How do we know 00 was for Japan and 01 for overseas?

    [​IMG] [​IMG]

    Because the Sega logos are hard-coded, and you weren't meant to release products with the registered trademark symbol (®) outside of Japan (presumably because the trademark wasn't registered). Sega's later solution was to drop the ® entirely - 01 would still be valid in Japan (at least after they made that decision), but 00 would never be valid overseas.


    Anyway as a result of this stupidity ROM databases often list these two dumps as
    Columns [W] [00]
    Columns [W] [01]

    when actually it should be
    Columns [J]
    Columns [UE]

    But you would probably only know this if you ran a Sega wiki and had run into these situations before. And even then I'm not totally sure I've got this right.


    Guess what else does this? Sonic the Hedgehog!
    GM 00001009-00, JUE
    GM 00004049-01, JUE

    except this time the 00 revision was for overseas, and 01 revision was Japanese only... and they changed the product code this time and areshuikfsdjghnaughbreiksdfvnj


    I'm currently thinking Sega Retro is "half-right" and the rest of internet is "mostly wrong". Let's see what I think in an hour.
     
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  11. Pirate Dragon

    Pirate Dragon

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    Still wouldn't work in a Japanese system without an adaptor or hardware mod due to the cartridge lock (hence PAL games in Japanese shells for Asia).
     
  12. Cooljerk

    Cooljerk

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    It'll work just fine on a japanese model 2. Those dont have the cartridge lock.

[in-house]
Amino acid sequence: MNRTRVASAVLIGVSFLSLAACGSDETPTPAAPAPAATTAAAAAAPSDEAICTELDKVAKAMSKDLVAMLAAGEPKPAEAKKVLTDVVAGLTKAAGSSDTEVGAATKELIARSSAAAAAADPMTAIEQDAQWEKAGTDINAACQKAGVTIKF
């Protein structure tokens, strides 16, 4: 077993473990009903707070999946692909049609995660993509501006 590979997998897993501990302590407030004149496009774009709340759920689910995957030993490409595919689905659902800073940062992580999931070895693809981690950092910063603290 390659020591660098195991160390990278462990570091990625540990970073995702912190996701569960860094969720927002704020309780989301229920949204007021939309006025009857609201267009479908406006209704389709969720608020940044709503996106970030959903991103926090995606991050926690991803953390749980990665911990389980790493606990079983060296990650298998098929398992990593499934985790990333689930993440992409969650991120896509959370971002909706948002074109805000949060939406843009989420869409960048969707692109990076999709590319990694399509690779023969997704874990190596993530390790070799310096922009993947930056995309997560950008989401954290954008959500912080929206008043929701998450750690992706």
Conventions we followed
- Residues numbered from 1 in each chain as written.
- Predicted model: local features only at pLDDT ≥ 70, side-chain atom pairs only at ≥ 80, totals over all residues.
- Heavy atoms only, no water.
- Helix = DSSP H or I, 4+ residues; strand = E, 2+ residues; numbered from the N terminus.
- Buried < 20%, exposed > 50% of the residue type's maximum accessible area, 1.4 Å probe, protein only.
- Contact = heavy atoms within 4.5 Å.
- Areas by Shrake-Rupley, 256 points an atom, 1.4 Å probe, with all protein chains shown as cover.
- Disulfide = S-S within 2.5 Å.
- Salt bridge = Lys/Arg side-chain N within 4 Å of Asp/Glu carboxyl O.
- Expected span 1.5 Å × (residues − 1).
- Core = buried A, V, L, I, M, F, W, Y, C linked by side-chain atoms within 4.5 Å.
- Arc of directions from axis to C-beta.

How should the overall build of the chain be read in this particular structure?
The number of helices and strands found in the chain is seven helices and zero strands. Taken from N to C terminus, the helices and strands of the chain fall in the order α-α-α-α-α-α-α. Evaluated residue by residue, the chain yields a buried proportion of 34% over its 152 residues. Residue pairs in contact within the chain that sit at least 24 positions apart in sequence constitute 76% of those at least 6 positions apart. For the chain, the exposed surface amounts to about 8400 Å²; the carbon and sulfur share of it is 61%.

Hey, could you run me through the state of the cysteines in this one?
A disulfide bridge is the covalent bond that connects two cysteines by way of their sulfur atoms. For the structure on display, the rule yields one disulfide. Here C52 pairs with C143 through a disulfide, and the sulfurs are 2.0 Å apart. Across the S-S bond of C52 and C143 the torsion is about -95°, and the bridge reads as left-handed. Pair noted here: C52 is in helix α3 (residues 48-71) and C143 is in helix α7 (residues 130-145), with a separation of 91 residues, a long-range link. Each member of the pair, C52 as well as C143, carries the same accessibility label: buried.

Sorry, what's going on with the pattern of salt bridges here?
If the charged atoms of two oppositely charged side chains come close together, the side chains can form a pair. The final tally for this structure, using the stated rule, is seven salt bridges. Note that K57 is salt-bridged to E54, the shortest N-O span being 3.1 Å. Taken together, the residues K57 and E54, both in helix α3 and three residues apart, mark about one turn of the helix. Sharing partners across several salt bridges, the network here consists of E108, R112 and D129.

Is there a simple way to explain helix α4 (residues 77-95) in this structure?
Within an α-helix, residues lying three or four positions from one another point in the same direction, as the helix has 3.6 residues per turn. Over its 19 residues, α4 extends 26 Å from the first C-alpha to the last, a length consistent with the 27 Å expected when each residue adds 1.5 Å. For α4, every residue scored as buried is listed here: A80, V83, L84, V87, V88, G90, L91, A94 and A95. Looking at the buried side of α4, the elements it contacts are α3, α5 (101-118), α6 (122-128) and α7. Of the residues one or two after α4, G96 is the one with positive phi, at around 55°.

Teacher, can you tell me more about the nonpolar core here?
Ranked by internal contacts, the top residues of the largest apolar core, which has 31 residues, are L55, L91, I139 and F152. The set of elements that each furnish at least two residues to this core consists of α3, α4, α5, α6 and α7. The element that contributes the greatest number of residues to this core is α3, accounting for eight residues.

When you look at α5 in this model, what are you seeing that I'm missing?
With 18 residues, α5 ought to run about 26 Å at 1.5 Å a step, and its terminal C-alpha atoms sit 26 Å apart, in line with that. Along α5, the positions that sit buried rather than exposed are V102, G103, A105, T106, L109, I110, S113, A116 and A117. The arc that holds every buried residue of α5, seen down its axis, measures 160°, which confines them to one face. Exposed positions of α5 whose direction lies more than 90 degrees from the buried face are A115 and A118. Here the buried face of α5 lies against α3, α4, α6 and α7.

13. RyogaMasaki

    RyogaMasaki

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  14. Pirate Dragon

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    Yeah, but still meant they couldn't sell European carts in Asia due to existing MD1 owners, along with MD2 releasing nearly 3 years after Columns.
     
  15. Are Cinematic Developer and Web Developer good generic terms to use for disambiguating? I need to split Takeshi Itou into Takeshi Itou (cinematic developer) and Takeshi Ito (web developer). The former with a lot more credits (there'll be more credits from his uncovered MARZA future) uses 伊藤 武志, while I randomly found a thread on BBS.CHINAEMU.ORG that lists the Dream Passport developers and includes 伊東 武 (武 can be read a couple ways, including Takeshi, whereas 武志 is usually only read as Takeshi). EDIT: Forgot to mention that 伊東 武 showed up on a couple Dreamcast games before that, woah a triple!
     
    Last edited: Apr 27, 2023
  16. Black Squirrel

    Black Squirrel

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    It's as good as any - I'm not sure "cinematic developer" is a real job title but when you're dealing with pre-rendered 3D cinematics I guess you have programmers, artists and animators, which would be confused with those who work directly in games.